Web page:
The most unique PBA free throw rituals and attempts of all time

Special Olympics athlete Matthew Millett of Team USA with the 3/4 court buzzer beater!

The camera zooms in as a player pays a visit to the 15-foot line. Everyone tuned in can see their body language before they make an attempt.

From the expression painted in the face to the pacing of the dribble, spectators tensely anticipate whether the shot will go in. While a lot of players prefer to take their charity shots in the least amount of movement possible, there are PBA players who are remembered for their weird or unusual routines and stances. Loyal fans have emulated these during their own games and it is part of what endears these pro ballers to basketball followers.

Call it crazy, funny, or puzzling but these free throw choreographies make a PBA game more entertaining.

The locals

Samboy Lim – The oft-injured San Miguel Beermen was known for his high flying moves and high socks. But fans will never forget how The Skywalker messes up his hair before taking a free throw.

Marlou Aquino – As soon as he plants his foot above the stripe, The Skyscraper wraps the ball around his waist before shooting the ball.

Gary David – In his free throw escapades, this explosive guard kisses the tattoo of his wife on his arm for good luck before taking the shot.

Rudy Distrito – The Destroyers seems to have a cadence in taking a free throw. He dribbles once then pauses, dribbles again, dribbles for a third time, and slightly bends his right knee before releasing the ball.

Egay Billiones – The wiry point guard didn’t have a particularly memorable gesture or release but his backflips after making free throws are worth of the highlight reel.

Chris Jackson – Though he was a perennial All-Defensive team member, the long-time Shell stalwart is not particularly good at the foul line. It’s probably because of the weird twitch his head as soon as he shoots.

Bong Ravena – He takes free throws with the least amount of movement needed. As he gets the ball, he takes a shot after a few seconds without dribbling. It looks like he’s throwing the ball without aiming the rim.

Arwind Santos – If Ravena doesn’t take too much time, the former league MVP takes less effort by not bending his knees when taking a free throw attempt.

Sonny Cabatu – He seems to be checking his armpits before taking a shot. And his release? It’s one of the most unorthodox ones in the PBA. He can barely see the ring due to the placement of his arms.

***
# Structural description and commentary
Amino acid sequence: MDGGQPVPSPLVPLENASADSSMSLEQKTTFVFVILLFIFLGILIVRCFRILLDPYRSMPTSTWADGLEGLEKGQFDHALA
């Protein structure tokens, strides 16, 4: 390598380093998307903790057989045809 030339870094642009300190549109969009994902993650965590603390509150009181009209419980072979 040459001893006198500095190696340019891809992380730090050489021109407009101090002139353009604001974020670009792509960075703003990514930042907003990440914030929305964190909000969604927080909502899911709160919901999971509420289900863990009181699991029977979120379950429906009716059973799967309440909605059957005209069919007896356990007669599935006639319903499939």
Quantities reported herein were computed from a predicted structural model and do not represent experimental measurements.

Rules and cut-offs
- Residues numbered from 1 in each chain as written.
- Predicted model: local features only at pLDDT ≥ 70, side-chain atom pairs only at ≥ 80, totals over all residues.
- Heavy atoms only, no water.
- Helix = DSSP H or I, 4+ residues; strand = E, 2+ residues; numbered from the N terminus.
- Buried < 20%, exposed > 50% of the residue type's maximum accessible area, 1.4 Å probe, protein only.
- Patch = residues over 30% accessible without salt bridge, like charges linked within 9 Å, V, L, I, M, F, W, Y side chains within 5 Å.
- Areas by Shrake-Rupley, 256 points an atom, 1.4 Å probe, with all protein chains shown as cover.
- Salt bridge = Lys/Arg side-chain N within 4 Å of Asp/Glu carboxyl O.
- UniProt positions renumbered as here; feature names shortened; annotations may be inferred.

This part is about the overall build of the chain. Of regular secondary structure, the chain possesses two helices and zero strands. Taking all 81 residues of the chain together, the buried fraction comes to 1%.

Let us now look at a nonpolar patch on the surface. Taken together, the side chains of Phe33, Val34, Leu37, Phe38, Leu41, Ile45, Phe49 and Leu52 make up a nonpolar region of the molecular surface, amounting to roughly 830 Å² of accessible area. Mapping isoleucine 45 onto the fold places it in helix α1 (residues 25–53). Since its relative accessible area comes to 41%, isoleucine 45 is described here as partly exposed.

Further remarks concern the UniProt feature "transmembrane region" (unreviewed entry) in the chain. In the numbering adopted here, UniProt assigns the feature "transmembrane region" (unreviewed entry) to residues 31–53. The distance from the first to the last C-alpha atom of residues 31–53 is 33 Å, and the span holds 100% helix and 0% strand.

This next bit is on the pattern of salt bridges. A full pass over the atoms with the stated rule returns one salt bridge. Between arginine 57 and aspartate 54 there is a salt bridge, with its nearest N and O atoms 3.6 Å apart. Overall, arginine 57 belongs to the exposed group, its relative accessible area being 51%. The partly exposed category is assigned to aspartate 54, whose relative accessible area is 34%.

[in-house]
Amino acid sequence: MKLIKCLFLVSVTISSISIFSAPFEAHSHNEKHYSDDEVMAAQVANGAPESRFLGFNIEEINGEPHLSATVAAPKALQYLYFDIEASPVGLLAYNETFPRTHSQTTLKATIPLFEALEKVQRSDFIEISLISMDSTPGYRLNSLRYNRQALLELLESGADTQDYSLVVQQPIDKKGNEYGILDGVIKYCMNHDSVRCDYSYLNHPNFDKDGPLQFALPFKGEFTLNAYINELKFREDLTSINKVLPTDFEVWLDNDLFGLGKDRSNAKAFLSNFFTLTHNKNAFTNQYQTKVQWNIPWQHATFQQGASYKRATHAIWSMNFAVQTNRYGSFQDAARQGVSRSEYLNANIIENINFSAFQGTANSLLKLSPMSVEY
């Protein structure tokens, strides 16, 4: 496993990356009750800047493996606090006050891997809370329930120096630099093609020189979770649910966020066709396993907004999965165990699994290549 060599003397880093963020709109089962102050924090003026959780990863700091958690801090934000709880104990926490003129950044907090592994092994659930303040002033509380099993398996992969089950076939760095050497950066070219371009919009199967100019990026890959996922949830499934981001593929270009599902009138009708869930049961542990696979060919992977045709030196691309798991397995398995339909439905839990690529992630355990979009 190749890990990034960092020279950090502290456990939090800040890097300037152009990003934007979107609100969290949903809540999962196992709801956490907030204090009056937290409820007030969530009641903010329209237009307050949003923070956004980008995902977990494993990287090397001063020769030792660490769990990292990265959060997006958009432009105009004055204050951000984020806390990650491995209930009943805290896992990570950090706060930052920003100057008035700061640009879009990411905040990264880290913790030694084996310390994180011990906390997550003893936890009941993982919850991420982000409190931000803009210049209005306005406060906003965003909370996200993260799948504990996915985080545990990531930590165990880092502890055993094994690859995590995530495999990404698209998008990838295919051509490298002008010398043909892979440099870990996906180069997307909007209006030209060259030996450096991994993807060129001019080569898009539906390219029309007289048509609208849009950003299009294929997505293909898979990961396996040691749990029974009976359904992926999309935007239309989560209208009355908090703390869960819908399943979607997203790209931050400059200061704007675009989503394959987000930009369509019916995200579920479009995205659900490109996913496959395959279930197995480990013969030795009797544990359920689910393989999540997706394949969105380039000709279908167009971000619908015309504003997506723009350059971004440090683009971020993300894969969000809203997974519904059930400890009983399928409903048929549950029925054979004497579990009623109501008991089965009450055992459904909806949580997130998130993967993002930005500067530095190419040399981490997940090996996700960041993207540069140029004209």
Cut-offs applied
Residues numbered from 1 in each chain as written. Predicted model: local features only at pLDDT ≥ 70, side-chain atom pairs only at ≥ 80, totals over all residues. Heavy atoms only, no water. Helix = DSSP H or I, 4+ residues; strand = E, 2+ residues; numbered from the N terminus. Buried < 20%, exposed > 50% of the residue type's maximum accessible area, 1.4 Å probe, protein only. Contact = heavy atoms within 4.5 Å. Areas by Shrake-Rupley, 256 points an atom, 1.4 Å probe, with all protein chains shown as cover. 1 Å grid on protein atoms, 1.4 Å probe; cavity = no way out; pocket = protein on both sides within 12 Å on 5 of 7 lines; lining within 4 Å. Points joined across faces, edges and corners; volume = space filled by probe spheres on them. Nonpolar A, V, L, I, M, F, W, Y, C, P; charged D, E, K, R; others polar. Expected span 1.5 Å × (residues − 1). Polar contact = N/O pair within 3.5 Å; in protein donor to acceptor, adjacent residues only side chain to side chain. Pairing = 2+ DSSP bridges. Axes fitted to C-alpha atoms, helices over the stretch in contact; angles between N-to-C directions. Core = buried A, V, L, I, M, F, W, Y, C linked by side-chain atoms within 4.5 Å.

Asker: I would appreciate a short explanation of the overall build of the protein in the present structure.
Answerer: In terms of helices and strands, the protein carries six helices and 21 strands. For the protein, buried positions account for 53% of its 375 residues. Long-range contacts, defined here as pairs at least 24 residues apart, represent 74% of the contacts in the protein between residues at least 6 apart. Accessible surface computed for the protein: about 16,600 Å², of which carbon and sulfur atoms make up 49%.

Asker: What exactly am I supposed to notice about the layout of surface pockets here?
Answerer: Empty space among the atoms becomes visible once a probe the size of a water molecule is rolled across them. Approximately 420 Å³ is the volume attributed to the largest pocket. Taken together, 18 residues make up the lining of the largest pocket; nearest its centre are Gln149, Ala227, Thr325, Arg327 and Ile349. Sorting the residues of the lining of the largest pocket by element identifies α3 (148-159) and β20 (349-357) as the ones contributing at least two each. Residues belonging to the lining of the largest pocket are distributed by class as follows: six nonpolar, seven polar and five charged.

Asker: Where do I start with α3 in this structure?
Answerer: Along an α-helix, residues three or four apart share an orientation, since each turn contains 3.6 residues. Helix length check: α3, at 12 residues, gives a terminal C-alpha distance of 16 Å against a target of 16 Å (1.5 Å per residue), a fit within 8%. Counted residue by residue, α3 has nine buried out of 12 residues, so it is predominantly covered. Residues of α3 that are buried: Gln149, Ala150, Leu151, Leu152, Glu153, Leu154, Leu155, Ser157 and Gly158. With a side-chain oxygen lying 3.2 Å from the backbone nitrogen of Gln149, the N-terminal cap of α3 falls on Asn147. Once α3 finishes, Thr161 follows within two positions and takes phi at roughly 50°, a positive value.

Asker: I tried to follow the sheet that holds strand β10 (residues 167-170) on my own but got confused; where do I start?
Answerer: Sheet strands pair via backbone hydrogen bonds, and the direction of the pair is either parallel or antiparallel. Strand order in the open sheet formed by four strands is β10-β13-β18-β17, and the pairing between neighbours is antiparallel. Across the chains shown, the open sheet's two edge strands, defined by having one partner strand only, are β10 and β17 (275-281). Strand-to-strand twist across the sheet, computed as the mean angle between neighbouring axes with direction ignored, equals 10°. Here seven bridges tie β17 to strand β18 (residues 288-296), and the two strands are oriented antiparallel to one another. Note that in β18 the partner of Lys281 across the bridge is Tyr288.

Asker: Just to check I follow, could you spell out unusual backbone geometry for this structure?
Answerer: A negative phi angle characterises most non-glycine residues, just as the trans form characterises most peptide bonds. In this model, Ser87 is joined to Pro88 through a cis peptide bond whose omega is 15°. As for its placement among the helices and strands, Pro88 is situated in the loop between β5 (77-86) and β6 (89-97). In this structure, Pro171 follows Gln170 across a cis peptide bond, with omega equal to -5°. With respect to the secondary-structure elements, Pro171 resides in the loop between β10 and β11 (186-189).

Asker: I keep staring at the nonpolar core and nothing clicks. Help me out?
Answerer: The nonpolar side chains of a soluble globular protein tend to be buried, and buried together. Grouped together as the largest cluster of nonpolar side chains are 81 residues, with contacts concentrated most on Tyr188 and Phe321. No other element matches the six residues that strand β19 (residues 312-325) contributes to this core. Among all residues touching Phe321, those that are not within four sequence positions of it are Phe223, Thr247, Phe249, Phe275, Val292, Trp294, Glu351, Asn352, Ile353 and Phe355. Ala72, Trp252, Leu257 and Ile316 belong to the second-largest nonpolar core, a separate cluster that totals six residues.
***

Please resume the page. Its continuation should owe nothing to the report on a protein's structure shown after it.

Olsen Racela – This San Miguel great has a routine sequence. After taking a sign of the cross, he fixes his hair, touches his socks, and takes a deep breath before shooting.

Vince Hizon – Before shooting the free throw, it looks like he is sitting down at the free throw line before going up to take the shot. That’s how low he bends before the follow through.

The imports

Lamont Strothers – The long-time San Miguel import spins the ball on his left hand then takes two dribbles of his right hand before releasing the ball.

Dexter Shouse – Playing for Purefoods and Shell in the late 1980s, the import who is known for abandoning both franchises in-season would always raise his shorts before taking a foul attempt.

Freeman Williams – This Tanduay import during the late 80s takes his charity shots at the extreme right part of the line. It seems to work for he has a high free throw percentage.

Terrance Bailey – The Great Taste/Presto import would dribble the ball ten times before he shoots. What’s funny is that the crowd knows this and they count his dribbles aloud.

Larry Pounds – If Bailey takes ten dribbles, this Royal Tru Orange import during the PBA’s infancy makes one dribble then looks up. He takes another dribble then looks up again. He would bounce the ball a third time before shooting the foul shot. The crowd counts with every dribble as well.

Lenny Cooke – Once touted as a better prospect than Lebron James, Cooke eventually brought his talents to the PBA. His free throw ritual is particularly memorable for he kisses the image of Jesus Christ on his upper right arm.

Gee Gervin – The son of George “Iceman” Gervin has a particularly cool way of shooting his throws. He lines up to the left of the hoop before taking a dribble while also doing a shimmy. He would clutch the ball with the right hand underneath before doing another dribble with the shimmy again. After the second sequence, he takes the shot.

Sean Chambers – The veteran Alaska import seems to be shaking his shoulders first before receiving the ball. Once he does, he pumps first before taking a dribble and place the ball below his eyes first in a low stance prior to taking the shot.

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